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Dermatology Information and Resources

Rosacea

Rosacea is a common skin condition that causes skin discoloration and/or bumps on the face. Associated with extreme blushing or a flushed face, rosacea is commonly mistaken for acne or an allergic reaction. Rosacea flare ups may persist for weeks or months before skin returns to normal. There are four types of rosacea: Erythematotelangiectatic rosacea, Papulopustular rosacea, Phymatous rosacea, and Ocular rosacea.

Common symptoms: Redness and visible blood vessels in your face. It may also produce small, red, pus-filled bumps. These signs and symptoms may flare up for a period of weeks to months and then diminish for a while. Rosacea can be mistaken for acne, an allergic reaction or other skin problems.[1] Erythematotelangiectatic rosacea: Skin reddening or flushing, and visible blood vessels. Papulopustular rosacea: Redness, and acne-like breakouts. Phymatous rosacea: Thickening skin and raised red or white bumps. Ocular rosacea: Looks similar to conjunctivitis, eye redness, blood vessels, irritation, swollen eyelids, and the formation of a sty. In any case, skin may appear swollen, dry, or very sensitive.[2] Some see spider vein like patterns on their cheeks.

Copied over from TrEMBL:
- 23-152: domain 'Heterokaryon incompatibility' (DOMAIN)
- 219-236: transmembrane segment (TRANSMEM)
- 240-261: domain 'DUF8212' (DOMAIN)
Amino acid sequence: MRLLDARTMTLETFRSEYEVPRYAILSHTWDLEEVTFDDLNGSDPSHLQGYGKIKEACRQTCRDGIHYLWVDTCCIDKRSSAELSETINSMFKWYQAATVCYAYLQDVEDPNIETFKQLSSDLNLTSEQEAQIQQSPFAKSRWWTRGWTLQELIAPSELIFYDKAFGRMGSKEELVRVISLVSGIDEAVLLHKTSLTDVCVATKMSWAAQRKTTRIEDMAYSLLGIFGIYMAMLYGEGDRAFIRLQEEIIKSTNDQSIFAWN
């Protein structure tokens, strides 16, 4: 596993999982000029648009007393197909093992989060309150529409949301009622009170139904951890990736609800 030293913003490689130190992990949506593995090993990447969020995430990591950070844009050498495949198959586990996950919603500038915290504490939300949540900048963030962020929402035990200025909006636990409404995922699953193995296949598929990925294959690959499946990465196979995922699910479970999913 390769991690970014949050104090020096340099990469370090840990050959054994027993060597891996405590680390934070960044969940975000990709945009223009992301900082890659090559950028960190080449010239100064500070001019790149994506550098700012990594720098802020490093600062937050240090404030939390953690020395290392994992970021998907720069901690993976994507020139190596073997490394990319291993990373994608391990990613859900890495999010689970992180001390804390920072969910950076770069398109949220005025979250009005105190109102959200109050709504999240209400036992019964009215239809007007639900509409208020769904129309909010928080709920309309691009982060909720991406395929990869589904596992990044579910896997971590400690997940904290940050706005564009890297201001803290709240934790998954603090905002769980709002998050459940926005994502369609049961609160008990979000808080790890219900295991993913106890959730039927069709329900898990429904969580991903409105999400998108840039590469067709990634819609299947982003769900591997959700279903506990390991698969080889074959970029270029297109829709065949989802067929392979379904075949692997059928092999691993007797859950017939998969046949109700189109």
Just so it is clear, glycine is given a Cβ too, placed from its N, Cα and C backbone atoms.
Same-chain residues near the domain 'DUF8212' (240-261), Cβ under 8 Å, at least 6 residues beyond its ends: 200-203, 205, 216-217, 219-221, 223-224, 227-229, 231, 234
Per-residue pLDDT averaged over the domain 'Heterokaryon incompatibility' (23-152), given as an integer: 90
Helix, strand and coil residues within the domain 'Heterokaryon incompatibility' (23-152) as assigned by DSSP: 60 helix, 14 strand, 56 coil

Causes: Rosacea is most common in fair-skinned people and can be triggered by any activity or reaction that causes increased blood flow to the face. Activities such as exercise, drinking alcohol, stress, anger, embarrassment, anxiety, exposure to sunlight, consuming spicy foods, allergies, contact dermatitis, and some medications.[3]

Treatment: There’s no cure for rosacea, but a doctor can assess your symptoms and prescribe medications that may help reduce redness. Brimonidine (Mirvaso) is a prescription-strength gel that can help restrict blood vessels in the face. Azelaic acid and metronidazole are also useful topical products that help reduce redness and pimples in mild cases.
Other prescription options are antibiotics (taken orally) such as Doxycycline to fight bacterial causes of rosacea, as well as fight inflammation. Also Isotretinoin, (Amnesteem, Claravis, others) which is a powerful oral acne drug.[4]

 
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References

[1] https://www.aad.org/public/diseases/acne-and-rosacea/rosacea#symptoms
[2] https://www.aad.org/public/diseases/acne-and-rosacea/rosacea#overview
[3] https://www.mayoclinic.org/diseases-conditions/rosacea/symptoms-causes/syc-20353815
[4] https://www.mayoclinic.org/diseases-conditions/rosacea/diagnosis-treatment/drc-20353820